How great a threat does Huawei really pose to the UK’s cybersecurity?

With the announcement that Huawei equipment is to be removed from the UK’s 5G networks by 2027, questions have been raised over just how much of a threat the Chinese telecoms behemoth poses to the integrity of the nation’s cybersecurity.

The news of a ban signifies a U-turn by Boris Johnson and his government which said in January that Huawei would be allowed to play a “limited role” in the UK’s 5G infrastructure.

Oliver Dowden, the UK culture secretary, said that no new Huawei 5G equipment can be bought after 31 December this year, but older 2G, 3G, and 4G can stay in place until it is no longer needed.

In a statement, a spokesperson for Huawei UK said that this “disappointing decision is bad news for anyone in the UK with a mobile phone. It threatens to move Britain into the digital slow lane, push up bills and deepen the digital divide. Instead of ‘levelling up’ the government is levelling down and we urge them to reconsider. We remain confident that the new US restrictions would not have affected the resilience or security of the products we supply to the UK.”

“Regrettably our future in the UK has become politicised, this is about US trade policy and not security. Over the past 20 years, Huawei has focused on building a better connected UK. As a responsible business, we will continue to support our customers as we have always done,” the spokesperson said.

Of late, there have been many attempts to exclude the company from Western nations, in response the Chinese ambassador to the UK, Liu Xiaoming, warned that any ban would damage trust in the UK and its reputation as “a business-friendly, open, transparent environment”.

What threats?

At present, most of the alleged threats to security appear to be based on supposition and hearsay. 

Ex-Google CEO Eric Schmidt told the BBC that there was “no question that Huawei has engaged in some practices that are not acceptable in national security”. He added that there is “no question that information from Huawei routers has ultimately ended up in hands that would appear to be the state”. Huawei has routinely denied such accusations that it is part of the Chinese state.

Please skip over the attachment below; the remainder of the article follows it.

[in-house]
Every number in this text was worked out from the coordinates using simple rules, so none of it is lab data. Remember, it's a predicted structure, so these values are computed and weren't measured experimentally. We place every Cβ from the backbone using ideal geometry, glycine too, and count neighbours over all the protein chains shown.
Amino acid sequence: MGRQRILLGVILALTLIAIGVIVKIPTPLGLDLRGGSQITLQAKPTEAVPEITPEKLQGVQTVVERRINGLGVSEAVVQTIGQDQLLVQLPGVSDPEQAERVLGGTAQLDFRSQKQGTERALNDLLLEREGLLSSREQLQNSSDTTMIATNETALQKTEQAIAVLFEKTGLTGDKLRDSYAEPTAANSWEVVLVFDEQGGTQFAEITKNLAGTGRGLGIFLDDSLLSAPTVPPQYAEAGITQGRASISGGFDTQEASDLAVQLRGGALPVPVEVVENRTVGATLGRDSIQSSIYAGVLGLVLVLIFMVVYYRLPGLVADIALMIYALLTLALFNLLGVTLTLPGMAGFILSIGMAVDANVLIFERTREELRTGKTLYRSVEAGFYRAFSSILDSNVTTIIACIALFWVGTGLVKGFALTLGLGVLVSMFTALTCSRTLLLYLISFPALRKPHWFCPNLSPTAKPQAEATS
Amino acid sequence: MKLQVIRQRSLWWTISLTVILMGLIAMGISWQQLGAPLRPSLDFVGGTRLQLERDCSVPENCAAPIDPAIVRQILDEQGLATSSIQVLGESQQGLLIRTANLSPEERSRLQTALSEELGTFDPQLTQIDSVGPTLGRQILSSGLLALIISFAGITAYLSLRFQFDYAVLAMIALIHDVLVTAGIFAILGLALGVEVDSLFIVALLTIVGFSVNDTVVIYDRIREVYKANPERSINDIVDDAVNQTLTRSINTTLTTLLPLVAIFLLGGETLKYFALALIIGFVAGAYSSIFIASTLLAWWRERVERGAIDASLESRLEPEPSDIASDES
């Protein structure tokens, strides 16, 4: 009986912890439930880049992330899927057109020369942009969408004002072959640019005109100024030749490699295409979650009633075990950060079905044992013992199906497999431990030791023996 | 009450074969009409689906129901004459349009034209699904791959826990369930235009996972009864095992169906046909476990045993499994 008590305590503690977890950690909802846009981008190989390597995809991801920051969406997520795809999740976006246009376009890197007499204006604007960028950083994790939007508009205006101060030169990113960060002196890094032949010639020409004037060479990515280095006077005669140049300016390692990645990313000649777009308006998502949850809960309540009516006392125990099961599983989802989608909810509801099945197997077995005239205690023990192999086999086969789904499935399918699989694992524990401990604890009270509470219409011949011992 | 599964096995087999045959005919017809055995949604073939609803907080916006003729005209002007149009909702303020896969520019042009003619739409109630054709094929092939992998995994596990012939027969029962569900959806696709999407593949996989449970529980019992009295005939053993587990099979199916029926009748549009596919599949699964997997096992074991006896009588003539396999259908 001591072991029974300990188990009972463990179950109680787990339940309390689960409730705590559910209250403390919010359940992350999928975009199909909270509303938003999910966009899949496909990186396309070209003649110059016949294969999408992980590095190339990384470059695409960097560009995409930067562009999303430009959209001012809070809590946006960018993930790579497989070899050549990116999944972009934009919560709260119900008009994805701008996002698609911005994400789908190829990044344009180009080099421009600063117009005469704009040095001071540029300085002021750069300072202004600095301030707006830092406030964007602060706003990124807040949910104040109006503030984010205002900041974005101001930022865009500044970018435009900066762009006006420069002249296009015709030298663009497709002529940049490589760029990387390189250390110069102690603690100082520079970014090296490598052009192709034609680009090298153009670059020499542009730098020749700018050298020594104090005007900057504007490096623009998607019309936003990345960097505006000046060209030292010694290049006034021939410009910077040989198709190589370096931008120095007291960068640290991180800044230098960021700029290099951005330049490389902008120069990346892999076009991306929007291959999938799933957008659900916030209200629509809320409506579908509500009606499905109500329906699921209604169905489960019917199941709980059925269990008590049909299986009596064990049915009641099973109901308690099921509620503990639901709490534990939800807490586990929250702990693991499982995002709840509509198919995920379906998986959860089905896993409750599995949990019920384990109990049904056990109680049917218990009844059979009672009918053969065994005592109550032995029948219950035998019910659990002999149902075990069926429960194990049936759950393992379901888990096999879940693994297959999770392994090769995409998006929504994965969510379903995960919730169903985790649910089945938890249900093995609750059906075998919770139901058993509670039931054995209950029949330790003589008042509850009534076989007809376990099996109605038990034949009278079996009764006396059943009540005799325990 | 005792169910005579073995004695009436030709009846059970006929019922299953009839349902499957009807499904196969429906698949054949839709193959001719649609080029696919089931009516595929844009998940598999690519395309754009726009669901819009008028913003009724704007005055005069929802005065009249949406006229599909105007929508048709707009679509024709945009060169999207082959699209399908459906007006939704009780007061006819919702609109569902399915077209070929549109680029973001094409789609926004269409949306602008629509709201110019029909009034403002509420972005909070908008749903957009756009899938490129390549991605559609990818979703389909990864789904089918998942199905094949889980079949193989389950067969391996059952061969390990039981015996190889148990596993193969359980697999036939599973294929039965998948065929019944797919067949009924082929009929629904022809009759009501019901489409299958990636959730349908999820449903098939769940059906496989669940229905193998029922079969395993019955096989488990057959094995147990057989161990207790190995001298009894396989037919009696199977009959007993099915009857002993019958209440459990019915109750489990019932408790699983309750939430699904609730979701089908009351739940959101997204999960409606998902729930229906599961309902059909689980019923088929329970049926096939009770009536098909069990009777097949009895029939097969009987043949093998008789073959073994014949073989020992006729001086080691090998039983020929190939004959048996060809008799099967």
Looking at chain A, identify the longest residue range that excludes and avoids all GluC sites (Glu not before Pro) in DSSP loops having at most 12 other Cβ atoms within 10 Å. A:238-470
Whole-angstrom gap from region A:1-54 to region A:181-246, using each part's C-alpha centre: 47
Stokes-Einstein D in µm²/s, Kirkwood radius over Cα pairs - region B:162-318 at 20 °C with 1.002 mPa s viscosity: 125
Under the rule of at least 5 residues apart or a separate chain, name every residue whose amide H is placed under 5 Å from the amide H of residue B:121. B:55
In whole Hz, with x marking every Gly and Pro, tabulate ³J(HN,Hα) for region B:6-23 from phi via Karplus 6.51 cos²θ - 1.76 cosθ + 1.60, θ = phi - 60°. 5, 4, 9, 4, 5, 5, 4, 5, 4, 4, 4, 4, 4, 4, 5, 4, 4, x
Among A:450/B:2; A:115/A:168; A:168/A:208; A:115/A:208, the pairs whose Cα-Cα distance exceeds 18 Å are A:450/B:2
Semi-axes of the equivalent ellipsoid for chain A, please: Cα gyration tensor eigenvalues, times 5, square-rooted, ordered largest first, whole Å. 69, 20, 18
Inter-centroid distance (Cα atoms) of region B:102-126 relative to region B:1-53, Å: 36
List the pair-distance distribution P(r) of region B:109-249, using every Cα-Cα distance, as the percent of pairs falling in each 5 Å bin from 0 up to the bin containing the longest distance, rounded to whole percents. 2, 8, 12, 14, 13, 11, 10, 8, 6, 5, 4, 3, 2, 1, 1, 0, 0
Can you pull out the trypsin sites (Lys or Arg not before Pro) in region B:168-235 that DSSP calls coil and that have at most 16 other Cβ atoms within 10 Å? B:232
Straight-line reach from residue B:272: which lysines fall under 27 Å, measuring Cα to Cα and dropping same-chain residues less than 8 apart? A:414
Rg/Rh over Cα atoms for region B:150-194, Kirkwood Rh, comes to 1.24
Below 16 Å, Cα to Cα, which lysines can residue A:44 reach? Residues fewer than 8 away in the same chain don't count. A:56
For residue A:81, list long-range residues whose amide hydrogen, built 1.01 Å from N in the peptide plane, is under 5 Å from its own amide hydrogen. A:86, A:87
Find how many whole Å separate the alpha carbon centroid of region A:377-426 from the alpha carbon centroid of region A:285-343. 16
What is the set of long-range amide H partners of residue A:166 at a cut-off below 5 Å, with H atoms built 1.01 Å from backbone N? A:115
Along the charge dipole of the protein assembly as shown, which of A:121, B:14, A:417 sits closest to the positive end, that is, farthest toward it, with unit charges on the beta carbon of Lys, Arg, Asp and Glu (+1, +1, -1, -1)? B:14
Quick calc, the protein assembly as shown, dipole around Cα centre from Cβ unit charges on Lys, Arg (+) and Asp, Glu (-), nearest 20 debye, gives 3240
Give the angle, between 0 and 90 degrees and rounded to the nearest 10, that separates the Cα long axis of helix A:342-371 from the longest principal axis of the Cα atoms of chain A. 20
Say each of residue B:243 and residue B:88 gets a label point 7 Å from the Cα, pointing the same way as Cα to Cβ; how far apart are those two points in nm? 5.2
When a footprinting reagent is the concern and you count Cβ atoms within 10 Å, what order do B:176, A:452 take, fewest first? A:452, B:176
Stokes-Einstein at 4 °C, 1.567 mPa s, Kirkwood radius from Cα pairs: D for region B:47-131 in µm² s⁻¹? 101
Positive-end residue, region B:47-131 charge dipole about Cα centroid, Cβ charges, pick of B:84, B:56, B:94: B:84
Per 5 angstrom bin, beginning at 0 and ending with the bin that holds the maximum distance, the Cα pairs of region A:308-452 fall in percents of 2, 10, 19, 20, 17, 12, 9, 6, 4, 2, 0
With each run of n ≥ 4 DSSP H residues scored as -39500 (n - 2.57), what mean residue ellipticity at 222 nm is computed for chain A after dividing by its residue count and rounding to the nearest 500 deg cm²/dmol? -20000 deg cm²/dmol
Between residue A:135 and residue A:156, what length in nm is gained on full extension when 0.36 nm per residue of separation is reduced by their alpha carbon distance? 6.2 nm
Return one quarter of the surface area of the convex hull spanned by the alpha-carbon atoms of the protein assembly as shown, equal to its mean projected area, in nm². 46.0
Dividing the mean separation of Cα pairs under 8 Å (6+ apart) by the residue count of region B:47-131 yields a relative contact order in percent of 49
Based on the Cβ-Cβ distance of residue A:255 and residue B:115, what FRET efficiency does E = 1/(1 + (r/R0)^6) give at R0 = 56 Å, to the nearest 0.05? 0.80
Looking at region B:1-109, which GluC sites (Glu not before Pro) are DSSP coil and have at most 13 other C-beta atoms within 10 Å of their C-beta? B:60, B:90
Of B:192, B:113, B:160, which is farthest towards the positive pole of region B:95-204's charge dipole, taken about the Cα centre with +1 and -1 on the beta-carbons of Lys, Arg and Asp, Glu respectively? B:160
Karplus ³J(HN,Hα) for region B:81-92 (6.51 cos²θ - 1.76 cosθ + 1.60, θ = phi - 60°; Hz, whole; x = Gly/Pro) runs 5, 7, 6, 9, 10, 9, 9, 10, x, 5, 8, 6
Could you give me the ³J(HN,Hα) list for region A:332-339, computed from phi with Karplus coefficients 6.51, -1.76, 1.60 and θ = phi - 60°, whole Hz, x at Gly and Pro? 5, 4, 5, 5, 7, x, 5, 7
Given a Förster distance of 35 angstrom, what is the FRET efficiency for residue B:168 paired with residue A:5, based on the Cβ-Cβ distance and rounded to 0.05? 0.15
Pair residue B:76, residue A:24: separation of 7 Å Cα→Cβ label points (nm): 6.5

In an exclusive interview with SC Media UK, Vince Warrington, CEO of Protective Intelligence and Dark Intelligence, said that the threat is “in no way overstated”.

“What many in the West fail to realise is the symbiosis between the Chinese government and large Chinese companies. In the West, we're used to having politics separate from business to a very large degree, but that's not the case in China,” he said.

Warrington added that while Huawei probably wouldn't consider itself to be state-owned, it will have a 'political department' within the company that makes sure it is aligned to Party values – this, he said, is “normal practice in China, and makes it impossible to separate the company from the Party”. 

“[CISO's] need to bear in mind that it's businesses, not government agencies, that are exposed to the most sophisticated Chinese hacking techniques – such as using the darknet to mask their activities – and they're also less well prepared to defend,” he said.

Mike O'Malley, vice president of Carrier Strategy and Business Development for Radware, told SC Media that despite Huawei’s executives making multiple statements saying there are no back doors to their equipment, concerns continue to abound. 

“Two Chinese laws – the 2017 National Intelligence Law and the 2014 Counter-Espionage Law – remain very problematic for Huawei. Some of the most troubling language is content such as Article 22 which states: ‘When the state security organ investigates and understands the situation of espionage and collects relevant evidence, the relevant organisations and individuals shall provide it truthfully and may not refuse’,” he said.

“Legal experts have interpreted this as a legal basis upon which the Chinese government could compel any Chinese company including Huawei to share any and all customer data from equipment deployed both inside China and throughout the rest of the world,” O’Malley added.

What’s next?

With a ban in the offing, Lord Browne has announced he will step down as UK chairman in two months’ time; he had been due to leave the company next March.  

BT has warned that it would be extremely difficult to remove Huawei equipment in the next ten years. BT’s CEO Philip Jensen told BBC Radio 4’s Today programme that if the company was “not able to buy or transact with Huawei that would mean you wouldn’t be able to get software upgrades”, meaning that security could be put at risk.

Regardless of whether the allegations surrounding Huawei are true, the ban will have a chilling effect on the economic and political relations between the UK and China and could put the UK years behind its 5G rollout schedule.

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